Stop the Killing of Charlie Gard! Disabled English Boy Awakens the Conscience of the World
Charlie Gard is an English boy deeply loved by his mother and father. He also seems to be awakening a sleeping giant: the conscience of the Western world, waiting and watching to see if he dies, and, asking why.
Charlie was born last August with a rare and disabling disease that induces seizures and causes him great difficulty breathing on his own. He may have suffered injuries to his brain. For the last ten months Charlie has been living in a London hospital. His parents have never left his side.
In March, his doctors told his parents they should remove his ventilator, an act which would actively kill their child. His Mom and Dad refused, as any loving parents would do.
They want their little boy to receive a promising new treatment available in the United States, one that could possibly repair his genetic malfunction. They want Charlie to LIVE!!!
The Failure of the Courts
But England’s courts and the European appeals system have decided three doctors at the hospital know better. They are denying Charlie’s parents the right to continue to care for him.
Their decision is based on a dangerous doctrine called “proxy consent,” which allows patients considered terminally ill to be disposed of by medical personnel. Thus these judges, along with three doctors, have denied his parents the right to take their little boy to the United States for care, or to take him home to die naturally.
It isn’t a matter of money. Charlie will cost the state nothing: Funds to care for him have been raised in a major campaign online. Pope Francis has reached out, offering a Vatican hospital to care for him. President Trump has also offered assistance.
God bless them both. Maybe it will bring them together. Their response offers hope. They should work together for Charlie.
Judicial Power Abuse
But the answer so far is no, for the English and European Courts have determined that Charlie’s life has no value. Yes, I said it. They want to put this baby boy to death.
It reminds me of another tragic situation from 2008, the Terry Schiavo case. The courts awarded the right of proxy consent to one member of her family, over the valid and impassioned objection of another family member. She was denied food and water, and died. The courts’ stated reason for the decision was the closeness of family relation, but many, myself included, have wondered whether it was really about one judge’s position on end of life issues.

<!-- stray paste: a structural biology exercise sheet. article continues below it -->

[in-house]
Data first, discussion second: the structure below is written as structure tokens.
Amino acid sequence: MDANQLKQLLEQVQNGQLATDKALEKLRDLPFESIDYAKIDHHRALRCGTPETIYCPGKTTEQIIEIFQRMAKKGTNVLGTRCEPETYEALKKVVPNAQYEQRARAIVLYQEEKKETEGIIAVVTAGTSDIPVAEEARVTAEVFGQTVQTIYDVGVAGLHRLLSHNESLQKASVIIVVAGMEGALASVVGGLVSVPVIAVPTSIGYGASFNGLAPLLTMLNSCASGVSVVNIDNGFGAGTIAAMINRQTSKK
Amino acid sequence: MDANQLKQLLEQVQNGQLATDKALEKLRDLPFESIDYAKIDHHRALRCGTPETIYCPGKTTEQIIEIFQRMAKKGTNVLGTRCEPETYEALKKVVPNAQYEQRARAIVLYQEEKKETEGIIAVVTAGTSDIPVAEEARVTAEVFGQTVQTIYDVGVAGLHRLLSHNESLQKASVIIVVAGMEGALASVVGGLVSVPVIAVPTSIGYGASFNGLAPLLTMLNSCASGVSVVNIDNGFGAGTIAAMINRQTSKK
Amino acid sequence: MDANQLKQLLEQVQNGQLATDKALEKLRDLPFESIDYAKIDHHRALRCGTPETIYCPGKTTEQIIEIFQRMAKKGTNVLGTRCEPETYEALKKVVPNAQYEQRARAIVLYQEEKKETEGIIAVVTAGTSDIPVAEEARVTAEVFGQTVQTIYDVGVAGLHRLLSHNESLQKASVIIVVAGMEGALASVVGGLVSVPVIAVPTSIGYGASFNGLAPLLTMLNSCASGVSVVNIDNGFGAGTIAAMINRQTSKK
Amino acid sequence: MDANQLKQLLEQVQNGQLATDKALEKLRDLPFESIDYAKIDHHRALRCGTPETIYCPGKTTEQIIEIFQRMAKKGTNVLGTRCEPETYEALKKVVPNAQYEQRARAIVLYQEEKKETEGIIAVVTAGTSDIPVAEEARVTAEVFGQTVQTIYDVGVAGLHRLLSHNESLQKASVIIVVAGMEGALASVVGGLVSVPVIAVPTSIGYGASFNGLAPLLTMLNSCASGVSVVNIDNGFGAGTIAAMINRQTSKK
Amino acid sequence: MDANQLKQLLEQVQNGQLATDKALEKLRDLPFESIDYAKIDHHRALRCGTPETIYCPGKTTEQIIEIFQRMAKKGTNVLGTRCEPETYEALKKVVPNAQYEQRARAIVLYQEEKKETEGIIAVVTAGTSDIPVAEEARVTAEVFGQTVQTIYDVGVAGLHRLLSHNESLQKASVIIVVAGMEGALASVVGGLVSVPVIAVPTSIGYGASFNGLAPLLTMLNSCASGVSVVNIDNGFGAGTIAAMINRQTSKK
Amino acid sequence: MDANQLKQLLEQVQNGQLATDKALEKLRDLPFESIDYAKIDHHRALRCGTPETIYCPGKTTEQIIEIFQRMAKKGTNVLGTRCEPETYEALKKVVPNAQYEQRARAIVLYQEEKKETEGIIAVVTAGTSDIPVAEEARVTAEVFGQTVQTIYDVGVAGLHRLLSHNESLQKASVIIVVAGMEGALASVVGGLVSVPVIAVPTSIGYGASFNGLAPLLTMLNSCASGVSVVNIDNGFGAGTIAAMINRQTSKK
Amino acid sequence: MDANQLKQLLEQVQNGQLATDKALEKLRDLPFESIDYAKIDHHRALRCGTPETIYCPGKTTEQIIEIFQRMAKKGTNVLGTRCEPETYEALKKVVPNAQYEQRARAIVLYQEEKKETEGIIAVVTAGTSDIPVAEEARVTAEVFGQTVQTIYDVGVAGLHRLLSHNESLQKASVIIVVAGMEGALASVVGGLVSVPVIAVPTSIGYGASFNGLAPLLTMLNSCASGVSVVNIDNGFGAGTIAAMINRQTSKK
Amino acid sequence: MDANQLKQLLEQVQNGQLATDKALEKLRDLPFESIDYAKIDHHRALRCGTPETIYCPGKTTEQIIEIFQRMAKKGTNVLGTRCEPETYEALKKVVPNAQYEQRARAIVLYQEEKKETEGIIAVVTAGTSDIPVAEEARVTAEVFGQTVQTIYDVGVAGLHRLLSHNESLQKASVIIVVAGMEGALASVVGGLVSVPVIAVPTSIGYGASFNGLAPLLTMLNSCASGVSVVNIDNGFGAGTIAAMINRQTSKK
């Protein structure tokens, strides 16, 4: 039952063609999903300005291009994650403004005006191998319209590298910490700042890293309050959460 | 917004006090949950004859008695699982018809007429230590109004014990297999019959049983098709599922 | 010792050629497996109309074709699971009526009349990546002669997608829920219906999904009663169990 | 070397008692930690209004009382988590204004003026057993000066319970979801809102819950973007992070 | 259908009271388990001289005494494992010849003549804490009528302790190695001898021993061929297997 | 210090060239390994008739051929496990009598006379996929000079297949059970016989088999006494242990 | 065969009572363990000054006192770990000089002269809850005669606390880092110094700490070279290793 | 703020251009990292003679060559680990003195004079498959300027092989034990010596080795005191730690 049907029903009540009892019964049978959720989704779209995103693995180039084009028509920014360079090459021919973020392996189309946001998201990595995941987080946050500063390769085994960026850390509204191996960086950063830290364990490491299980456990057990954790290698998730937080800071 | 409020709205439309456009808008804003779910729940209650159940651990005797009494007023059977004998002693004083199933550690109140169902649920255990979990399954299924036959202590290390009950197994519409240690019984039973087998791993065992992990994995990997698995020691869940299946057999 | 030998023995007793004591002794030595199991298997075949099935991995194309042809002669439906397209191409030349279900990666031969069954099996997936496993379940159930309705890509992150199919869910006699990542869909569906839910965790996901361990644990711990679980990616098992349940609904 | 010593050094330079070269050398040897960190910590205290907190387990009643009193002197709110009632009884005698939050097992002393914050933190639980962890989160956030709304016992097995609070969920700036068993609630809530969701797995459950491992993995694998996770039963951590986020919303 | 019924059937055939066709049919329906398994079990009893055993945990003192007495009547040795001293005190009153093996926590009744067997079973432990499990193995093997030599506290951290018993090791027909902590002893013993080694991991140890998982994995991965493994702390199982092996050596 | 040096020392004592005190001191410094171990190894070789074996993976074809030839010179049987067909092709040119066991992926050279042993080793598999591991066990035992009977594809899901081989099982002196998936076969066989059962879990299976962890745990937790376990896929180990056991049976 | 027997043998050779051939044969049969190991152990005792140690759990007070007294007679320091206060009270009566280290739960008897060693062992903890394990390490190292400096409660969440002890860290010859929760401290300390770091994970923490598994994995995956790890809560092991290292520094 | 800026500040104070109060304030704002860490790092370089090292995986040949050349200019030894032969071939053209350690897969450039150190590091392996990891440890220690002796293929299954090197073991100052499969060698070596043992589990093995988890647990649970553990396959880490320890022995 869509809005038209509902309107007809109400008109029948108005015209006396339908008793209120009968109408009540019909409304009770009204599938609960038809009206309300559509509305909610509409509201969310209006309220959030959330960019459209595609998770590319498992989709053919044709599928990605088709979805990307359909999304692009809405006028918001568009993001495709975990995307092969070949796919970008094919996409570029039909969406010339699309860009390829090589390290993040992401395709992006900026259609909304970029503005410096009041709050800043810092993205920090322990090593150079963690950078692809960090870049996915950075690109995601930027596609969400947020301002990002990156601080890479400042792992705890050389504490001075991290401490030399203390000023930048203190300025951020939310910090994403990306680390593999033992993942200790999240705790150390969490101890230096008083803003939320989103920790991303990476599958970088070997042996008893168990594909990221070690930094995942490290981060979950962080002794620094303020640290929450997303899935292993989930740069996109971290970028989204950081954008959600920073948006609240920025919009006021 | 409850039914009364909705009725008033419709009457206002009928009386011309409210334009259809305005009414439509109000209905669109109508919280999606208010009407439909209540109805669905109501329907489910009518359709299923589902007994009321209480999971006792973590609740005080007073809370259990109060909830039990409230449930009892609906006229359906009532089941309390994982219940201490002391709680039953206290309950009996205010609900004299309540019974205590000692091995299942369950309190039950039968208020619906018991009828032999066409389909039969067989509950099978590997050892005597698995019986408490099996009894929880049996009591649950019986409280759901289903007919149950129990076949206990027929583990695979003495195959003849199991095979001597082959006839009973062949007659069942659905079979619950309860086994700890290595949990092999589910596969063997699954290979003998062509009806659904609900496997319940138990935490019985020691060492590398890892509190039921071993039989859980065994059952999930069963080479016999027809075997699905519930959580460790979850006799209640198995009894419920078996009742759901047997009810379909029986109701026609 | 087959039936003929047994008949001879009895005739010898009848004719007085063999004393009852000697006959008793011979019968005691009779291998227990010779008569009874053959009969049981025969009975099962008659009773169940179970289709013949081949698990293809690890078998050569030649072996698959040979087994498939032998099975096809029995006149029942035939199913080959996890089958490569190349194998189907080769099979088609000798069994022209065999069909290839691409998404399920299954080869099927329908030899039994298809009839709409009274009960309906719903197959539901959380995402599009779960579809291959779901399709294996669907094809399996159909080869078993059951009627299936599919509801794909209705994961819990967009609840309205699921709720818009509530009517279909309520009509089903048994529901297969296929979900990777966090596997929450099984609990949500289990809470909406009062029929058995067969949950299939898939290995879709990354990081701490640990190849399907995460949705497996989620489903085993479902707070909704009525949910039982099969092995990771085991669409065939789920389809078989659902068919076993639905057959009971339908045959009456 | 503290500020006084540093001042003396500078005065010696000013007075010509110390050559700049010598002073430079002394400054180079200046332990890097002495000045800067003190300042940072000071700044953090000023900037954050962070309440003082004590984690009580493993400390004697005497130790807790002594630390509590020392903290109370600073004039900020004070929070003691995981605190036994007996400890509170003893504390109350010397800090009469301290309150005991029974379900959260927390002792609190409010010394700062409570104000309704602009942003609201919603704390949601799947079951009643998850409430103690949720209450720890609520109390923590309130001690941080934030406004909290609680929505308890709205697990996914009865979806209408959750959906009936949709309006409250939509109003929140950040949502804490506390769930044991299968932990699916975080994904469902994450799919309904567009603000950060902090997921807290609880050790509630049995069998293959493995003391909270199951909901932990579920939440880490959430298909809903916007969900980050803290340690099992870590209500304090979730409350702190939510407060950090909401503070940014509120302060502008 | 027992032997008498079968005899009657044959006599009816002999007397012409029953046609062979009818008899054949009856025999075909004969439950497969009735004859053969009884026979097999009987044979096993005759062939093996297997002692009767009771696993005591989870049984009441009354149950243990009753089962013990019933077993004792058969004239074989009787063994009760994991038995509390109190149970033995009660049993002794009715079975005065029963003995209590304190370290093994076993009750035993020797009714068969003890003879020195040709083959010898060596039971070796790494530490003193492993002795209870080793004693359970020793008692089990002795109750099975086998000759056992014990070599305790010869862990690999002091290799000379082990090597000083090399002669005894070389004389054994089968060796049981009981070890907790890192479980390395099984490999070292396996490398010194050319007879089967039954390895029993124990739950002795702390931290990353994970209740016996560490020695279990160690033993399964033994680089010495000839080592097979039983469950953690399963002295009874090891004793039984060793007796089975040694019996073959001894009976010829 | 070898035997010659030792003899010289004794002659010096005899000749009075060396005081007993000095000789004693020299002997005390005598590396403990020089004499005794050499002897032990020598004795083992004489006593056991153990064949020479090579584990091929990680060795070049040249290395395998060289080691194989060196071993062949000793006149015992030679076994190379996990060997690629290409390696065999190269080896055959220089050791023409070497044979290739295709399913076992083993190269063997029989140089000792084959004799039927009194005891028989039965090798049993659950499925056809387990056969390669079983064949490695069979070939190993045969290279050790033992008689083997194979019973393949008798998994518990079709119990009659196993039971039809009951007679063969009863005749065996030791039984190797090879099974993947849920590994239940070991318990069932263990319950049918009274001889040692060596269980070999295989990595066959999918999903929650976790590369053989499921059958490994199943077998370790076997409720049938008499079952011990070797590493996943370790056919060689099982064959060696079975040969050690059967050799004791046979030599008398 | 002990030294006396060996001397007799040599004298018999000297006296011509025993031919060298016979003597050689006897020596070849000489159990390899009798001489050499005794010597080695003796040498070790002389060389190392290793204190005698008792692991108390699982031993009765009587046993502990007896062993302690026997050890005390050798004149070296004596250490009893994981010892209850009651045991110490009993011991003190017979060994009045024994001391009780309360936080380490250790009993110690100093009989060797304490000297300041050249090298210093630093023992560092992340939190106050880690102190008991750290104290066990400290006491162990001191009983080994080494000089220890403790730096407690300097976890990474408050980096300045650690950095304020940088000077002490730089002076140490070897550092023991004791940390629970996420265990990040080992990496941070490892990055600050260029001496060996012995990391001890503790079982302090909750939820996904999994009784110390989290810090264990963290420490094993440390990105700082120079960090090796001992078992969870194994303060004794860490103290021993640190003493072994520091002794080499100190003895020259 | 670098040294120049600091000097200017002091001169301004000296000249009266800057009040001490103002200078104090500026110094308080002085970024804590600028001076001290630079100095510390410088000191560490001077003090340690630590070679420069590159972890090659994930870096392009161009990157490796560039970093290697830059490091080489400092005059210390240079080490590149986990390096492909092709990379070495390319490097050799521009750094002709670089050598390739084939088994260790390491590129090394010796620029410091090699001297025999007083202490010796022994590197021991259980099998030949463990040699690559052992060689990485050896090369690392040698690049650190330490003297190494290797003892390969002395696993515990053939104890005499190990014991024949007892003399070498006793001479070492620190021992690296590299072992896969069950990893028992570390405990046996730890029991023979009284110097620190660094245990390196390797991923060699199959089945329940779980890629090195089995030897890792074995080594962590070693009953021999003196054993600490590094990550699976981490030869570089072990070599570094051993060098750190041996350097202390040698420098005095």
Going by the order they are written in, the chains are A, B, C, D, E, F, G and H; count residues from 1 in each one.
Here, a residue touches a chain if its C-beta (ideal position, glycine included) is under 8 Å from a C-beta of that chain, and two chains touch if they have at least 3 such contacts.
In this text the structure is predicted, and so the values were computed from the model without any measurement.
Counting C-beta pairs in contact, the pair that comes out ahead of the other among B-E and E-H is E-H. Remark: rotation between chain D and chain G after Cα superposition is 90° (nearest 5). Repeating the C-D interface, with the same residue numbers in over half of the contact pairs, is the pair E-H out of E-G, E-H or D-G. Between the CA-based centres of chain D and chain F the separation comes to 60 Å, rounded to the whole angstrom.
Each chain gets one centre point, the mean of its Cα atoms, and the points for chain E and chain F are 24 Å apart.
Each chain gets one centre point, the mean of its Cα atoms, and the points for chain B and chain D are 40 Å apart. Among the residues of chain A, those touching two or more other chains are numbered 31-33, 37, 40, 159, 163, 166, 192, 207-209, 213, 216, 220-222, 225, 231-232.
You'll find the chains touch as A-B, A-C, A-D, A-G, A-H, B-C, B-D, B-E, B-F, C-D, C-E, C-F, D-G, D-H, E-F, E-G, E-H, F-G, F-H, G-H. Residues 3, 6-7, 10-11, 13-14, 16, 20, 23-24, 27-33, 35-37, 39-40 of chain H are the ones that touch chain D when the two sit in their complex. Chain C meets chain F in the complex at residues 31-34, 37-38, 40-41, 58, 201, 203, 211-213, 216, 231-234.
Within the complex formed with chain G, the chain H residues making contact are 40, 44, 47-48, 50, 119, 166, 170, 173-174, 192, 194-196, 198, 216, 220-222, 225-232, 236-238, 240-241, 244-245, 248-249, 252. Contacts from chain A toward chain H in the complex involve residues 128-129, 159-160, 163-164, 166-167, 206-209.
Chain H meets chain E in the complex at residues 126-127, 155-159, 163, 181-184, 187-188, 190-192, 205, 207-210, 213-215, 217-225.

Now we’re seeing another serious abuse of raw judicial power. The courts have set aside Charlie’s parents’ rights to care for him, and they have rejected the possibility of better care for him in the United States.
The Danger of Proxy Consent
Health care providers encourage proxy consent set up in carefully drafted documents such as Durable Powers of Attorney for Health Care, Medical Proxy Declarations and Advance Medical Directives. Many are helpful. Too often, though, these end-of-life documents define medical nutrition and hydration as extraordinary medical care. In other words, it’s okay to stop giving food and water to the disabled. Judges will not intervene.
Medical professionals often pressure family members to withdraw nutrition and fluids, resulting in their loved ones’ death. In this case, though, the family has been cut out. The state has rejected his mother’s and father’s natural right to care for their son, and given Charlie’s doctors the authority to kill him.
Learning from the Past
Prompted by the Schiavo case, the Pontifical Academy for Life and the World Federation of Catholic Medical Associations issued a joint statement which addresses the misuse of proxy consent. It includes the following caution:
“We acknowledge that the dignity of every person can also be expressed in the practice of autonomous choices; however, personal autonomy can never justify decisions or actions against one’s own life or that of others: in fact, the exercise of freedom is impossible outside of life.”
This concept of “proxy consent,” though routinely accepted in most circles, is based on a view of personal freedom of choice which too often stands at odds with the truth of the good of all human life, and what we owe one another as human beings.
It should be dropped as a sole basis for making beginning or end of life decisions. In the case of little Charlie Gard, the state should defer to his parents. Children are not state property.
Disabled children should be loved and cared for, not killed. That includes Charlie. Save Charlie!